People of all nations are scattered throughout the world. The “Good News” is that communication technologies enable us to stay connected with friends, family members and colleagues almost anywhere on Earth quickly, easily and cheaply. This amazing ability to stay connected—and to communicate globally—enables local companies to target customers around the world. You probably know that Coca-Cola operates in nearly every nation on earth. And Starbucks continues to market its Seattle WA brand on a global scale, using all forms of media and various outlets. The same technologies also enable local houses of worship (HoWs) to market their brand of worship to people located nearly anywhere. I am witnessing a new phenomenon where HoW leaders believe that the world is their congregation. It is fascinating to consider the possibilities of making this a reality.
In my lifetime, I have observed the emergence of this global connectedness. My parents were missionaries; thus, I have spent a lot of my life living outside the US. In the 1970s, we lived in South America. I remember that, when my parents had to call the US, they would go to the Post Telephone and Telegraph office, hand the operator a telephone number and then sit on a bench until the connection was made. The bulk of the conversation was a precursor to the now-famous “Can you hear me? Can you hear me now?” Incidentally, the cost for the call was $5 per minute. In the early 1980s, we were elated when we could make international calls from our home!
My family also experienced the beautiful 1980s emergence of cable and satellite television, witnessing the impact it had on the world. Fast-forward to a Saturday night in October 1994, when I was working on a project in Cairo, Egypt. My Egyptian friends and I were in my apartment, watching Notre Dame play Navy on NBC SuperChannel, when the doorbell rang and KFC delivered our dinner. After the game, we went out for dessert at TCBY. Only when I heard people speaking Arabic did I mentally return to the reality that I was in Egypt, not the US.
Fast-forward again to 2010, when I was working in Cambodia. I traveled to an extremely remote area in the northeast part of the country. We had been on a dirt road for hours when, finally, we arrived at a village that made it seem as though we had gone back in time 100 years. When I got out of the SUV, three little boys, who were playing with an old tire and a stick, ran past me singing, “Baby, baby, baby oh” like Justin Bieber. I realized with certainty that the world was truly connected. This village had no electricity; it did have a radio, a television and a satellite dish powered by truck batteries, however.
To make my point further, I am writing this article in Yangon, Myanmar (formerly Burma). This nation has largely been cut off from the rest of the world for the past 50 years, living under tough military rule. A new government of sorts is giving the people some freedom. Internet access and cell phone service are available now, so people are gorging on social media. Our team is here to build a television production studio for a Christian denomination (a miracle, really) in this predominately Buddhist nation. The plan is to use this studio to create Christian content that will be shared on social media with the Burmese people in the country, as well as Burmese people scattered around the world. The organizers plan to host weekly live events where Burmese people can share the experience, interactively, through very creative use of applications primarily found on iPhone and Android operating systems.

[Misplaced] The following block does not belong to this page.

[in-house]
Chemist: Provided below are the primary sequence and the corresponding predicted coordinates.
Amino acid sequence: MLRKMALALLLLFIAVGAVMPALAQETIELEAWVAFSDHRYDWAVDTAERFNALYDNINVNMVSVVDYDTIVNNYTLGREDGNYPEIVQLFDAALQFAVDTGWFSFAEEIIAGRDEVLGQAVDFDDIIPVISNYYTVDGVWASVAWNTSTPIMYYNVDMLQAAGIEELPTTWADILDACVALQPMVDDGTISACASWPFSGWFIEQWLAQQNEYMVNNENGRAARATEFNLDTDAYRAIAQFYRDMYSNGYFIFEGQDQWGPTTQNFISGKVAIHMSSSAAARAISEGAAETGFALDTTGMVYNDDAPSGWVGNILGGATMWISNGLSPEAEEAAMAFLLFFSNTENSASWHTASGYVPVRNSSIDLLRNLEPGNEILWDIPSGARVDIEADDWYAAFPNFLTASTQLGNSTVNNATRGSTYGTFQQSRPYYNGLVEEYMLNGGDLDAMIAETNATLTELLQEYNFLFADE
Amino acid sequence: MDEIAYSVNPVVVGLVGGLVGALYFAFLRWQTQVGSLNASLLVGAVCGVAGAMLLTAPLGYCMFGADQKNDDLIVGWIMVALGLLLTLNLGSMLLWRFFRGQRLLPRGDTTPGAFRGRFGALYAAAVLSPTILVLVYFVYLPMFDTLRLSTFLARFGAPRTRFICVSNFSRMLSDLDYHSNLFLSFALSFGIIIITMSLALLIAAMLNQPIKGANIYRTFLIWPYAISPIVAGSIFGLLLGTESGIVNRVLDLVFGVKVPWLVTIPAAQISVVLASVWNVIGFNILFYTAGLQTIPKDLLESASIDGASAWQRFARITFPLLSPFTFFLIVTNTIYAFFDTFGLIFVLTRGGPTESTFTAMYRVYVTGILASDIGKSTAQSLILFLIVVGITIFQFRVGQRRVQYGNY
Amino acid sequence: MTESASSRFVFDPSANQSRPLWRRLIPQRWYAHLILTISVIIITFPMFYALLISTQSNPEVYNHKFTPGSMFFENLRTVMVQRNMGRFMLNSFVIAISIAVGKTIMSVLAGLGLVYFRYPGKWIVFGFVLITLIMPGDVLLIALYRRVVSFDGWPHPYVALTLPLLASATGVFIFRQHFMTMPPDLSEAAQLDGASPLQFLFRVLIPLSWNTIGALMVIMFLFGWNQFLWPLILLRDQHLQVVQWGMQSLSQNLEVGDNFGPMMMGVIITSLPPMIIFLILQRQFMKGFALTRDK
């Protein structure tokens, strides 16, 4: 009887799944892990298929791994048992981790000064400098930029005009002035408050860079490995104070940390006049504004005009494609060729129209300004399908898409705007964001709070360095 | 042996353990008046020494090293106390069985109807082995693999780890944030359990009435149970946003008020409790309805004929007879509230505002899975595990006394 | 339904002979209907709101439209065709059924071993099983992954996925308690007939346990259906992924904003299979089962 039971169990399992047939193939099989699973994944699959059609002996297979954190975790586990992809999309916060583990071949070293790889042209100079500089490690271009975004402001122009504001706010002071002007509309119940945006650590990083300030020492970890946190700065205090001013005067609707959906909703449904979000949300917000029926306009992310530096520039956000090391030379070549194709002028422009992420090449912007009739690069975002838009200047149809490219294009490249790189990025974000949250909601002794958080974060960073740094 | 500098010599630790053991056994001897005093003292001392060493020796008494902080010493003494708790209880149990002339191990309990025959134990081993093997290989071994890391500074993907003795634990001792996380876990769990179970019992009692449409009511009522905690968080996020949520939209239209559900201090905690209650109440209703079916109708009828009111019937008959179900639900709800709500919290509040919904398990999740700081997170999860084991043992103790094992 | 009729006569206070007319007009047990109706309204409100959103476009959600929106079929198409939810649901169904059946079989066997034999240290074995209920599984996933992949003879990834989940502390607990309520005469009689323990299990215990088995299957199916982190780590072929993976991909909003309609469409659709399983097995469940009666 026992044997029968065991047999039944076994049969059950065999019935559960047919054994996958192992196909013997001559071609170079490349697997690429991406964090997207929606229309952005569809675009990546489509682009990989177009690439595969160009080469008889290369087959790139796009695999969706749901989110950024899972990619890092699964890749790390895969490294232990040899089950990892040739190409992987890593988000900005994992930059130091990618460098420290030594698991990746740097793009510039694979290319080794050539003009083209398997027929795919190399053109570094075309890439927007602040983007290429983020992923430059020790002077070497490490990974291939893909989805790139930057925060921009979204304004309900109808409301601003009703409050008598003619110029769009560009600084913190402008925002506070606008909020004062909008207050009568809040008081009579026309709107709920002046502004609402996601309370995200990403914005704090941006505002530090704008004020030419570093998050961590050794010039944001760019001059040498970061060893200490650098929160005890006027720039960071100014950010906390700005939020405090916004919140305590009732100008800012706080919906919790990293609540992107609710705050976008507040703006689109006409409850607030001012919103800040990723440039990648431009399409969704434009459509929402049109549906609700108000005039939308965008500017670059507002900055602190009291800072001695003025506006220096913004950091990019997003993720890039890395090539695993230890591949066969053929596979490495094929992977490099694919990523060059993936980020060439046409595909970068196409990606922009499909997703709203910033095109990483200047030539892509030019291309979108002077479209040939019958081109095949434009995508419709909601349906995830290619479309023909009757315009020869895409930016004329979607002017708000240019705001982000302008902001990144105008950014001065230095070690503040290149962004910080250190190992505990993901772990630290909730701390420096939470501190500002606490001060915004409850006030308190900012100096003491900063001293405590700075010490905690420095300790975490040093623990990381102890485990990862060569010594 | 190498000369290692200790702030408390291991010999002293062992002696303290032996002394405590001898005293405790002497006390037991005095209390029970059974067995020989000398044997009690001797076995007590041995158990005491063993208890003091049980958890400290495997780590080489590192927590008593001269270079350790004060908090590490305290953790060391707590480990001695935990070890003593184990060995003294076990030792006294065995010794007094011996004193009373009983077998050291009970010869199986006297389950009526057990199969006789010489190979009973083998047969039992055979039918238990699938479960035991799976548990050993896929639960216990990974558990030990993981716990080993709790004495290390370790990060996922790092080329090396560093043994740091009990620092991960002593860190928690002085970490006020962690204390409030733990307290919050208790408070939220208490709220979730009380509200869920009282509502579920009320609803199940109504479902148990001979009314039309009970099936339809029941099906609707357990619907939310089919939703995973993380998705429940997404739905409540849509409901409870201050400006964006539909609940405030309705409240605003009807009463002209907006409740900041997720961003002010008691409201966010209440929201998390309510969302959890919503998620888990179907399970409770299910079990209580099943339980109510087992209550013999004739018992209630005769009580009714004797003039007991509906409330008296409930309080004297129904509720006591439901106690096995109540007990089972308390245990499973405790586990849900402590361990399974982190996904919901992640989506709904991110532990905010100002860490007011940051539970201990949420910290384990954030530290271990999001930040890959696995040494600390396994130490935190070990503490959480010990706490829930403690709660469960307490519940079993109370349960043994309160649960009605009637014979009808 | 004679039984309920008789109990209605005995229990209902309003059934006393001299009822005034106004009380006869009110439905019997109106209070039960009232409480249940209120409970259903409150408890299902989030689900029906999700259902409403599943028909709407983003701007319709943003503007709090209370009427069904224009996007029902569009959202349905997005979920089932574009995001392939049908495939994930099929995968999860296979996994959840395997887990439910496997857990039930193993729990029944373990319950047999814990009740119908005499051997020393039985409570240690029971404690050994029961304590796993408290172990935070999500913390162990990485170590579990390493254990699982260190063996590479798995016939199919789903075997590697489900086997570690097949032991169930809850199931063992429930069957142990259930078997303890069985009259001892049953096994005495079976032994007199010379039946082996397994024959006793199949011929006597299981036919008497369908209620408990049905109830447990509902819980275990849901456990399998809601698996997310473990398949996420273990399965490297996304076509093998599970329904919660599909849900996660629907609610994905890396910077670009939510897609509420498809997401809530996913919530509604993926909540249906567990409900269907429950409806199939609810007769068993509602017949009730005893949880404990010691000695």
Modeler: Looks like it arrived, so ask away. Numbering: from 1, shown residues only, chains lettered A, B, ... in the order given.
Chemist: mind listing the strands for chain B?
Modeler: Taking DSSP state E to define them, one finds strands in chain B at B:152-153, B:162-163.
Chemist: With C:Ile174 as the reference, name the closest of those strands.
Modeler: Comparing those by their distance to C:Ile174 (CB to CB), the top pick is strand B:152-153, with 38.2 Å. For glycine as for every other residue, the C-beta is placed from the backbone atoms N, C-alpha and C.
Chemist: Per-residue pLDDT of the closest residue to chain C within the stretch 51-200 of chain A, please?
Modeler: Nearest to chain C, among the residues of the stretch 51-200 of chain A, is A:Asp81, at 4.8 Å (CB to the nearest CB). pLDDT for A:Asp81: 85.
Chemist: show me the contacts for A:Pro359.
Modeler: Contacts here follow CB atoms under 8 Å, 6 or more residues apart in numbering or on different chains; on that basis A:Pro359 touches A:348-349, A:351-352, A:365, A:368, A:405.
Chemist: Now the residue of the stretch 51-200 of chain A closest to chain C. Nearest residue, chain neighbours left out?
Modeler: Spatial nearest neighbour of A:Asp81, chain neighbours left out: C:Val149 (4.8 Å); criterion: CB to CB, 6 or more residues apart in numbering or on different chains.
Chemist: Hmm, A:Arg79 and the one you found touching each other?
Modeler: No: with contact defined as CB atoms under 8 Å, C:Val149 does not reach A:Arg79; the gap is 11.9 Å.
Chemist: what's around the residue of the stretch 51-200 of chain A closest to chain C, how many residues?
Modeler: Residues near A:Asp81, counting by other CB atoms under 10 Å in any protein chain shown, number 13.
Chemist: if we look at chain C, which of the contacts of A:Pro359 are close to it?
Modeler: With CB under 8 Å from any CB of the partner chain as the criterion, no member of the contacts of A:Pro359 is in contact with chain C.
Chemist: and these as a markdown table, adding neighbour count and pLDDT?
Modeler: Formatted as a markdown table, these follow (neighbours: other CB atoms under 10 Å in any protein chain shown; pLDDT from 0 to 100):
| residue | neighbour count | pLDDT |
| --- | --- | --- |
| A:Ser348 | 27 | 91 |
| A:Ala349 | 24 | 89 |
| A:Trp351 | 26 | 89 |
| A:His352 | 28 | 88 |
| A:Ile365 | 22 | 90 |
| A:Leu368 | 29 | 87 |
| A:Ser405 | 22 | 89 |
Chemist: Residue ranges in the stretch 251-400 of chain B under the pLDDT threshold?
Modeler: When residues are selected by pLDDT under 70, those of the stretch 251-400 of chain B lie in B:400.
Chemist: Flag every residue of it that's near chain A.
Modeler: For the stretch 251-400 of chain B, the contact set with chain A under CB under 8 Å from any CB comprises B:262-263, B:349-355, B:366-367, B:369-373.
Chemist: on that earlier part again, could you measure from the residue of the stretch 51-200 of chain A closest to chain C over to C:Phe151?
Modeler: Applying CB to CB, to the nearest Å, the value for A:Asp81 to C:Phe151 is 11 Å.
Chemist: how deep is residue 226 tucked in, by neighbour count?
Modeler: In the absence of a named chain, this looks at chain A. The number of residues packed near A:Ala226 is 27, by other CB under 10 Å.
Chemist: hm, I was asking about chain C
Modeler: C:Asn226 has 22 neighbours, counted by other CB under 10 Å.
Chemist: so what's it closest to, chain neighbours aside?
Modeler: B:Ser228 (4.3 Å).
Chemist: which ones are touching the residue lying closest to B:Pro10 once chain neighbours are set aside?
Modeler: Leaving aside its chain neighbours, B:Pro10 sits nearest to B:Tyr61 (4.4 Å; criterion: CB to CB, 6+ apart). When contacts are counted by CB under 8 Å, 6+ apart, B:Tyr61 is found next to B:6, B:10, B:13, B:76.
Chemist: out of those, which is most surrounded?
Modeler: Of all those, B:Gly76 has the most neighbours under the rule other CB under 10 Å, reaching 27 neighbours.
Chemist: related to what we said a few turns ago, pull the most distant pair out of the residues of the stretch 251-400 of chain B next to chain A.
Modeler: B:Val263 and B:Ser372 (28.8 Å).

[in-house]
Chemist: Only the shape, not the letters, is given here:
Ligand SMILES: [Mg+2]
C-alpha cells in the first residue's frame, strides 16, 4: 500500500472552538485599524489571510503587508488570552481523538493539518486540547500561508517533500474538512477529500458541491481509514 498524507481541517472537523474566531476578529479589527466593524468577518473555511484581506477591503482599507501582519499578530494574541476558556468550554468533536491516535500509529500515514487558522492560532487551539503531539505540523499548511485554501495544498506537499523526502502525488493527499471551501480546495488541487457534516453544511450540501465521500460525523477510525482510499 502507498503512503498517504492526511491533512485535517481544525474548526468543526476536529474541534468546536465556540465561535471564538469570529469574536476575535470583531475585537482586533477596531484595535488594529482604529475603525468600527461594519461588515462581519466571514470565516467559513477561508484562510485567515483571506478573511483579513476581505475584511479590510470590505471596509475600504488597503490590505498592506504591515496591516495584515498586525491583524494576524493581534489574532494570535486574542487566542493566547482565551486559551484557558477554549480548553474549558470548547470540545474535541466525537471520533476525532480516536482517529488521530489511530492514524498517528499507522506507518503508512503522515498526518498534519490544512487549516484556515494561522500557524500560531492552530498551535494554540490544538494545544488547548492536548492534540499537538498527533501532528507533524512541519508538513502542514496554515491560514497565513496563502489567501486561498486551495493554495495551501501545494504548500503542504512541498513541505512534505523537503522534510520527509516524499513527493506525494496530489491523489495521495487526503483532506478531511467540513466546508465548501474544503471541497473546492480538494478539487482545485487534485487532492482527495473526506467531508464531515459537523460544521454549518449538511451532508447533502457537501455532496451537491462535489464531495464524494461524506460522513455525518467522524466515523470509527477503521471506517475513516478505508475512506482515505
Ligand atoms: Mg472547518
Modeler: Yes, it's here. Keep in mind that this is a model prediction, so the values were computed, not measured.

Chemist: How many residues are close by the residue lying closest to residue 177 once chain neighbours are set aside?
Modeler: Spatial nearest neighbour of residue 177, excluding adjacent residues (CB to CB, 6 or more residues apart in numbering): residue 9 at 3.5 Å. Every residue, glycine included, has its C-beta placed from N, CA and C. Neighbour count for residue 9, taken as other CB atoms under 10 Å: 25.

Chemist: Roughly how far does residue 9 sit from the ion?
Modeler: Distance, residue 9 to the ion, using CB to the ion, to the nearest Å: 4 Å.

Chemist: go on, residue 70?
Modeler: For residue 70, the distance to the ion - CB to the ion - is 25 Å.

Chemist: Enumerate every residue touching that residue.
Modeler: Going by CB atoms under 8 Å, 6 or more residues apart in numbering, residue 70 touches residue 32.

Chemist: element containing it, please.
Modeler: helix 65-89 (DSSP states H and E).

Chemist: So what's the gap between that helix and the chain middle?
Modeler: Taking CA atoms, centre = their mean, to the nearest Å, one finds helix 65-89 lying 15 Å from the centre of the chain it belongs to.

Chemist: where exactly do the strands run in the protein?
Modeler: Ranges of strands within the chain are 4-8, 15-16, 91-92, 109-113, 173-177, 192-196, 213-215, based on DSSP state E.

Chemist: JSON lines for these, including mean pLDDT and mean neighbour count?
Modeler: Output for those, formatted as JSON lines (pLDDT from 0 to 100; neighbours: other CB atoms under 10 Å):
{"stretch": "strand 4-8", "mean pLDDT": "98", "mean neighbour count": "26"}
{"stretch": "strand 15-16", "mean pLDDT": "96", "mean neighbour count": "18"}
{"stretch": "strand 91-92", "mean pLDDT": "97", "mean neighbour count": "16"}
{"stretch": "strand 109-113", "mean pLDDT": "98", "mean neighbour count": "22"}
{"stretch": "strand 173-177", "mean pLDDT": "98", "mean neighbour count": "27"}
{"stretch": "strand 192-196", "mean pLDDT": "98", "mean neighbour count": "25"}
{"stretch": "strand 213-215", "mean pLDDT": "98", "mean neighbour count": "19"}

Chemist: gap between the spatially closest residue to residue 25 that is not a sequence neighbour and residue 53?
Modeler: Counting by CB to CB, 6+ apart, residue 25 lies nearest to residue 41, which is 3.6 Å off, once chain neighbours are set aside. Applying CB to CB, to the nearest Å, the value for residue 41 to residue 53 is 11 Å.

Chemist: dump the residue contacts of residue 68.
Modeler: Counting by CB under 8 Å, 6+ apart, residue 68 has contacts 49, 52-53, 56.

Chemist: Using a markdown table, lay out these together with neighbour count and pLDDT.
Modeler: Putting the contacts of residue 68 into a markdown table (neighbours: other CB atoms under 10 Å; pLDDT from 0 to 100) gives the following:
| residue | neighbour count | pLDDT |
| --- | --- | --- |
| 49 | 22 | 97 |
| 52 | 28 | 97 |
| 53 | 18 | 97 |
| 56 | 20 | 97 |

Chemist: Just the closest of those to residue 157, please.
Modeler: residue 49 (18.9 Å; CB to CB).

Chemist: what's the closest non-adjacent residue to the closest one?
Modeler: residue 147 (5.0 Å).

A few other forward-thinking churches that are sharing their faith with people in their own land are also making content accessible to people everywhere. One popular example is Hillsong. Although Hillsong’s home base is in Australia, millions of people from around the world watch its church services, live and archived, every day. Hillsong content can be found on almost every media platform: over-the-air, cable, internet outlets, etc.
This phenomenon will continue to grow, and it will grow quickly. Many HoW leaders are trying to understand how to brand their worship style, because they are coming to realize the world is their congregation. I am trying to understand how I can thrive in this vast awakening. I am also wondering how our industry can address this phenomenon. I believe that we will be required to know much more about communication than recommending the best line-array speakers, projectors or video cameras. I believe HoW leaders will be asking us to create systems that enable them to create a worship experience for their local congregation while, at the same time, creating a worship experience that engages congregants in other cities and other nations via multiple media outlets and on multiple media platforms.
What I am hearing HoW leaders discuss is far more sophisticated than simply calling for live streaming. Instead, for these HoW leaders’ vision to succeed, an entire ecosystem of technologies will have to be created. With such an ecosystem, these HoW leaders will be able to communicate with their multinational and multilingual congregants in real time, much like a live session at the United Nations. I’ll say it again—this is a lot to consider. But the possibilities are truly exciting.
I don’t have all the answers about this soon-to-be-here reality. But I do believe we should seek to understand this direction so that we can serve our clients of faith effectively. That is what I believe. Please tell me what you believe.